Charles left us a good lesson: he had been diligent in designating his wishes and making arrangements long in advance of his final illness. It’s a good example for us all! He wished to be cremated, and the agency taking care of that received his body soon after his death. Pine-Ocean took charge of these arrangements and received his cremains, which he later brought to ZCLA, where they were placed on the Buddha Hall altar. During ZCLA’s priest retreat in August, the priests placed a tablespoon of the cremains in the Sangha Urn. After the September 8th memorial service, Pine-Ocean will scatter the rest of the cremains. Not one for “fuss,” Charles desired not to have a ceremony or visitors at the cremation. During the time that Charles was bedridden, he had many visits from sangha members, and he received people as much as his strength would allow. Some people dropped in just to say good-bye, others sat with Charles for a more extended time. In the final two days, when it did not appear that he was conscious of his surroundings, fewer people came, though some sat with him to bear witness to his passing.

During this time, I considered how to practice The Three Tenets with a person who is passing away. For me, in bearing witness, there was no possible “knowing mind” at Charles’s bedside. But because of the many ingredients involved, I couldn’t say that one approach is correct in general. In addition to changing physical conditions, there are differences in family and faith traditions. Just a short time before, I had experienced the dying process of a family member. My family engaged the senses of that loved one, through voice, prayer, touch, music, and so on; the belief is that this envelops the dying in love and creates the best, the sacred, conditions for the journey.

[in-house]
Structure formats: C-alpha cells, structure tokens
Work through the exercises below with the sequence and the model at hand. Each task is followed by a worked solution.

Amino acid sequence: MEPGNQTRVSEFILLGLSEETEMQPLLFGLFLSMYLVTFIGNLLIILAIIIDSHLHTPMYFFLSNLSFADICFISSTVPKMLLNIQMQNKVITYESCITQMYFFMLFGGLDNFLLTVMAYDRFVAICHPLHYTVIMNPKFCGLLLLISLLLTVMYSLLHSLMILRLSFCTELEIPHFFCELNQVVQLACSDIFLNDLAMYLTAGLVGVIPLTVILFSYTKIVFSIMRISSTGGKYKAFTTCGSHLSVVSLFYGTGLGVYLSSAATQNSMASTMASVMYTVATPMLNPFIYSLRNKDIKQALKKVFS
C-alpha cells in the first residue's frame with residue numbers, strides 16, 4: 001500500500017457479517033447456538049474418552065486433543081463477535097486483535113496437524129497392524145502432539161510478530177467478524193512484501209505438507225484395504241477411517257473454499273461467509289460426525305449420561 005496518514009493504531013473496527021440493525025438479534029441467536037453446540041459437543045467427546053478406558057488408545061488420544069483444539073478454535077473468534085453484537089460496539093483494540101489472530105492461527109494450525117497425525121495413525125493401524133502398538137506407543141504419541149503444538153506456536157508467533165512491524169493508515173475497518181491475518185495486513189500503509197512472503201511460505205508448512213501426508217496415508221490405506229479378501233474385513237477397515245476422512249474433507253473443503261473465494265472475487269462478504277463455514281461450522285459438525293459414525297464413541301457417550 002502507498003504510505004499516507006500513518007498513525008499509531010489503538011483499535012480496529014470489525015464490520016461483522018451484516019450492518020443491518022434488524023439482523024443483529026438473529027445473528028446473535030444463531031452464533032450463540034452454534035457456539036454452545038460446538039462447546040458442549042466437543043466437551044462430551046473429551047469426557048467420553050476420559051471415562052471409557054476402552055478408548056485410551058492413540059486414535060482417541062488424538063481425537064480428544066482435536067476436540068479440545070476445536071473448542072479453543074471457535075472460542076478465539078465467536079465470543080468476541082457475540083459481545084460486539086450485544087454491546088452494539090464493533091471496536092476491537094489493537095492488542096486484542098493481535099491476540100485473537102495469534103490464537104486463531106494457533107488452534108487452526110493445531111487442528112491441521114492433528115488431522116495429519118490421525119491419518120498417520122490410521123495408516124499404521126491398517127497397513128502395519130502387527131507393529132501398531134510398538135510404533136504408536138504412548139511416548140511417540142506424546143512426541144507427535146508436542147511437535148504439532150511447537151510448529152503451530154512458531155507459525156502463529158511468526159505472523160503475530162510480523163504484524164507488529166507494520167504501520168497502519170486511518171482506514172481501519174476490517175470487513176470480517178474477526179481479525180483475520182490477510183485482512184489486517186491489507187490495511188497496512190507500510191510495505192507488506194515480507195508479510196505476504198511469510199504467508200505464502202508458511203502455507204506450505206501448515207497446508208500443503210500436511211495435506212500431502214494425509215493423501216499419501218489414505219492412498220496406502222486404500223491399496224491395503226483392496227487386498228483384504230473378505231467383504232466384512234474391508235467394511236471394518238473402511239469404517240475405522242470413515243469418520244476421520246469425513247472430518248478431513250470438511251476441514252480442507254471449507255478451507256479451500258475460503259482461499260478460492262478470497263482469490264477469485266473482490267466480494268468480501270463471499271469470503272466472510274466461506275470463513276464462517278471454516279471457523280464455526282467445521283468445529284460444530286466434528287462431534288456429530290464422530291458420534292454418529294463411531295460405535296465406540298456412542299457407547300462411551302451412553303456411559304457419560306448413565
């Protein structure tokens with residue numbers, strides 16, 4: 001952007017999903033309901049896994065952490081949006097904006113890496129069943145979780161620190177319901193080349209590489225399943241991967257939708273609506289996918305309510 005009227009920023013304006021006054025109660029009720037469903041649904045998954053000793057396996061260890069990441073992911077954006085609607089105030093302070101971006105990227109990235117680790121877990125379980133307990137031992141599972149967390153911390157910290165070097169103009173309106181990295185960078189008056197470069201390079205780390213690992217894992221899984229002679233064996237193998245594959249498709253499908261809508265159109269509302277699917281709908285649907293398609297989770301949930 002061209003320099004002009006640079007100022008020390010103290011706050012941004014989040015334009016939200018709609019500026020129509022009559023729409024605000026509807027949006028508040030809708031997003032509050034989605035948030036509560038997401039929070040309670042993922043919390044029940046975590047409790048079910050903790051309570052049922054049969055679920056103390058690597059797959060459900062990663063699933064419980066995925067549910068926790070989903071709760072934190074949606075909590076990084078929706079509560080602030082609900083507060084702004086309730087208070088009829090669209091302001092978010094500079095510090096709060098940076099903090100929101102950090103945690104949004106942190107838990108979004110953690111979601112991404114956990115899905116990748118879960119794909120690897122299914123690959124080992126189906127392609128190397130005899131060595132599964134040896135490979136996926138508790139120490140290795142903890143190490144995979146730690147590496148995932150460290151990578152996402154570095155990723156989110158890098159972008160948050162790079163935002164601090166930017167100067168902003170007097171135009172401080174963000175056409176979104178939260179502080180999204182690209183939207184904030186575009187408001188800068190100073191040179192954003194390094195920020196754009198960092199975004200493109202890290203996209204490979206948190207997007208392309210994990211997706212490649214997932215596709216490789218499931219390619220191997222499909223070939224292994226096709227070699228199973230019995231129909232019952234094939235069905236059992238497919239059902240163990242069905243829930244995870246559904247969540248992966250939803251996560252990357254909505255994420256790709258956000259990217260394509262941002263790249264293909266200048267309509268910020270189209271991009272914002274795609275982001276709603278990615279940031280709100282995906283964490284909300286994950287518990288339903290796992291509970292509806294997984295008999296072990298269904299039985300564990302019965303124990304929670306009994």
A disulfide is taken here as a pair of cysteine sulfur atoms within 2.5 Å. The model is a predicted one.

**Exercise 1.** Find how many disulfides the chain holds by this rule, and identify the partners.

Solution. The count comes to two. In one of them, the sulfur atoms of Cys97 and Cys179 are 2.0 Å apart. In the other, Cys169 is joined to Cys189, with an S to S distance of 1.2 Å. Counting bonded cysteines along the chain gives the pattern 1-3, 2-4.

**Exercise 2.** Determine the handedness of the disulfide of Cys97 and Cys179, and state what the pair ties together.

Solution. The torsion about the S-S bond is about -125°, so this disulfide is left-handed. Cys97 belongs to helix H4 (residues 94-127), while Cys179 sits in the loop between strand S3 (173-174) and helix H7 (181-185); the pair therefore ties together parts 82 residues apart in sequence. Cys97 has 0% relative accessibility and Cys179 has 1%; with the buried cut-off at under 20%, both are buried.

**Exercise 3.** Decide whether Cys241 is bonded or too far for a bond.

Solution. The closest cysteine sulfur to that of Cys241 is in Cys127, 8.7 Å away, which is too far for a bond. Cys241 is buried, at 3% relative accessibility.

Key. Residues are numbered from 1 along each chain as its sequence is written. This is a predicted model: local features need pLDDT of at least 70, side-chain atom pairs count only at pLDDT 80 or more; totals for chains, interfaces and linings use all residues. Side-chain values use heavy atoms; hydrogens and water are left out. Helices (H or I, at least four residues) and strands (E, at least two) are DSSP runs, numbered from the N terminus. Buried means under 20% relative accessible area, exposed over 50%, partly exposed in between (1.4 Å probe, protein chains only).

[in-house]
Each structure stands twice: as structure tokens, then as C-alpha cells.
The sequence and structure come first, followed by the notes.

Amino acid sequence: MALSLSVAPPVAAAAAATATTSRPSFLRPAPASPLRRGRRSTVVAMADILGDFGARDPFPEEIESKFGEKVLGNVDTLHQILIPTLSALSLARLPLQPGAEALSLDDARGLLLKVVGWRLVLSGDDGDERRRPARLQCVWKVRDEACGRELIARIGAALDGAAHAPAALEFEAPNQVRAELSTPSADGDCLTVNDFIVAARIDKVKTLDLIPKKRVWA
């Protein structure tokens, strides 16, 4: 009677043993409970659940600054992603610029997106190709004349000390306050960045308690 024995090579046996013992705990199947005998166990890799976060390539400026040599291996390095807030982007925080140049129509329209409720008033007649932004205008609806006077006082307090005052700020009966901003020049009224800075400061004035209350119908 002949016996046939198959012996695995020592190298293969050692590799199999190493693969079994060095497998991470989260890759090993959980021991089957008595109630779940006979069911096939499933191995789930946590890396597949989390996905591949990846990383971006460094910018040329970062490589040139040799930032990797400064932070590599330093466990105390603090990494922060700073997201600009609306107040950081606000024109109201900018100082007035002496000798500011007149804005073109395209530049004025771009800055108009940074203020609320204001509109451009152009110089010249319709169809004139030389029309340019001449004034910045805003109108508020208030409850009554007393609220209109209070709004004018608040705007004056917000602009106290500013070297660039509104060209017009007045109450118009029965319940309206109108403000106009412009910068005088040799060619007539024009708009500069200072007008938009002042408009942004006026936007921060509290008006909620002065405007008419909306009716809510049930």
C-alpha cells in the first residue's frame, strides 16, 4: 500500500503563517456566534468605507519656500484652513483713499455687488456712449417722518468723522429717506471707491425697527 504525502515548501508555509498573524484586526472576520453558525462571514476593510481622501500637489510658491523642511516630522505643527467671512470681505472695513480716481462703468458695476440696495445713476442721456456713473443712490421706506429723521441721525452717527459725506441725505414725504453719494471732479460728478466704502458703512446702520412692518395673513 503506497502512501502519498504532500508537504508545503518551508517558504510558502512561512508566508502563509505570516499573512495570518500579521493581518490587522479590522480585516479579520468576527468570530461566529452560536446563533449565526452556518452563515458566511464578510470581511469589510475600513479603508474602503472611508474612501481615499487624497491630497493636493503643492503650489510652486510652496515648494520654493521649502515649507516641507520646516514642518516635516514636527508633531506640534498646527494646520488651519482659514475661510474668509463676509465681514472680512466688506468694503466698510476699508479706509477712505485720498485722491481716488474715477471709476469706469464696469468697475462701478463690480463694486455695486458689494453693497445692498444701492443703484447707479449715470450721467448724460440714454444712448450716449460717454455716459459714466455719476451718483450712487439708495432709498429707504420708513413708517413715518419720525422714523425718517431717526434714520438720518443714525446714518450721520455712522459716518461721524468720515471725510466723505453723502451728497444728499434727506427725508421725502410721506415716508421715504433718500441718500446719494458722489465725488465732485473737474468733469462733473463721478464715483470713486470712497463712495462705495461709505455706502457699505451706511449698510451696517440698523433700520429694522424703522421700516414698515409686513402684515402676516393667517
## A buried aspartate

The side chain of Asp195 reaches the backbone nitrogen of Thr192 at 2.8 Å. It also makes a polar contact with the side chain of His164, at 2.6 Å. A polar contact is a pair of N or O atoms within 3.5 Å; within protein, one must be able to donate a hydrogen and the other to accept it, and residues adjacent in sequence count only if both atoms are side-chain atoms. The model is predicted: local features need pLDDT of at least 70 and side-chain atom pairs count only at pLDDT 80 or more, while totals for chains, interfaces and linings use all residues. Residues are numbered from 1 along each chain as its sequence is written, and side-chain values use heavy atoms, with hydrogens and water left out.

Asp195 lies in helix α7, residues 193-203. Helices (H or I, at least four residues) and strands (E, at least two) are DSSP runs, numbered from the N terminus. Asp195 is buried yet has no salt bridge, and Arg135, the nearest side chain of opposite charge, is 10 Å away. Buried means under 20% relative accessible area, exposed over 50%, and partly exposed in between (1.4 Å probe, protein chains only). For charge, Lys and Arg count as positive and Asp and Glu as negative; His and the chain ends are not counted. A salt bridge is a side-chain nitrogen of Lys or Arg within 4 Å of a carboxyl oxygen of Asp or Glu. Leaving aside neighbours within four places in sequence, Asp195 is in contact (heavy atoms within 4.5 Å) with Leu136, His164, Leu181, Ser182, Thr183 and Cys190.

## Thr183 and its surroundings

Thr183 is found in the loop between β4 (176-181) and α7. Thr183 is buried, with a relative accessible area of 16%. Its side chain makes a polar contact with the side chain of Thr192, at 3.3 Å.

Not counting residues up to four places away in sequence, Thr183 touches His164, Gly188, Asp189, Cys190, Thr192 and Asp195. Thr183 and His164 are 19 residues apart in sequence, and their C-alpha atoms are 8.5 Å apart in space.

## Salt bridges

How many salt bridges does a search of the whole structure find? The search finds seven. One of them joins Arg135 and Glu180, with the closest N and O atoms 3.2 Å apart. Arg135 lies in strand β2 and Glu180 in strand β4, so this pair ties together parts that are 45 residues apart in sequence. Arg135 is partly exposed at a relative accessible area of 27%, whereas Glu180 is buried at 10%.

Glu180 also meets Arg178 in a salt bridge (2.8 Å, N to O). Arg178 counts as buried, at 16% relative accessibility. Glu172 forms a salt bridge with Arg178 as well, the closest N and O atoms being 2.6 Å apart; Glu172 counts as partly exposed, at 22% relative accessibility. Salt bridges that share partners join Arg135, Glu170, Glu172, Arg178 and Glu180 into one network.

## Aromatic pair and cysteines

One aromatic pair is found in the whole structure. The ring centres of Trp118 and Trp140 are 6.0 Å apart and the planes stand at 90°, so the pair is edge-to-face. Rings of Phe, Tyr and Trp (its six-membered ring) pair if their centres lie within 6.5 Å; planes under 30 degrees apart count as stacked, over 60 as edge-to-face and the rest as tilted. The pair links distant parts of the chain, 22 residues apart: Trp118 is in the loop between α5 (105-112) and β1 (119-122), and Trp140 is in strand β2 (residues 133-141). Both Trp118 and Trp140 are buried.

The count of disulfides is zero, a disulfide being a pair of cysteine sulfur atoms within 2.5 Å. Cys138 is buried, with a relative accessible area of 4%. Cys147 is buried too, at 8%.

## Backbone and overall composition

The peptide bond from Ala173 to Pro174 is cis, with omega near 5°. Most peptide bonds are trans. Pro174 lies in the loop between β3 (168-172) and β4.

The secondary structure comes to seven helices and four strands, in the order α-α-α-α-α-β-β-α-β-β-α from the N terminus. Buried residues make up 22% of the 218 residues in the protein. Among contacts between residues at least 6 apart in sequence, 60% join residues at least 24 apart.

A different approach was taken by Charles’s hospice nurse. When Charles was clearly passing, the nurse said to his friend Pine-Ocean, “He’s going. Come close and talk to him!” At that moment, talking somehow seemed intrusive to me. I asked for input from Roshi Egyoku and others on Buddhists’ understanding of the proper attitude at the time of death. I learned that, from the perspective of our practice, a quiet and respectful presence is most basic–there should be no distractions. This enables the dying person to center all energies on the transition that he or she is experiencing. Chanting is fine–unlike ordinary talk, its energy supports the journey rather than distracting. Roshi Egyoku also mentioned that people taking care of us at ZCLA need to be aware of our Buddhist approach to dying. Even when one “knows” the proper demeanor, it may be difficult to maintain: for example, the person in attendance may struggle with emotions. (In fact, I did so at times.) In my opinion, it is very helpful to have the practitioner(s) present who can take charge of the situation and guide those in attendance on how to respect the transition.

Over time, as Charles’s form changed and he started the transition between this life and what comes next, I experienced him as softening and showing great compassion. Throughout, the sangha responded to Charles with whole-hearted generosity and love. For some of us, his approach to dying, the decisions he made, and the physical changes we saw in him, heightened our awareness of our personal condition, and gave us input regarding our own intentions and decisions. It was an honor to be close to the whole of this situation, to be with Charles’s energies and to see the Sangha Treasure manifest itself.

Note: On Sunday, September 8th, Roshi Egyoku gave Charles Jukai during his 49th-day memorial service. His Dharma name is Jinko (Jin is Benevolence, Humanity and Ko is Light).

Gessho is a Resident Member of ZCLA.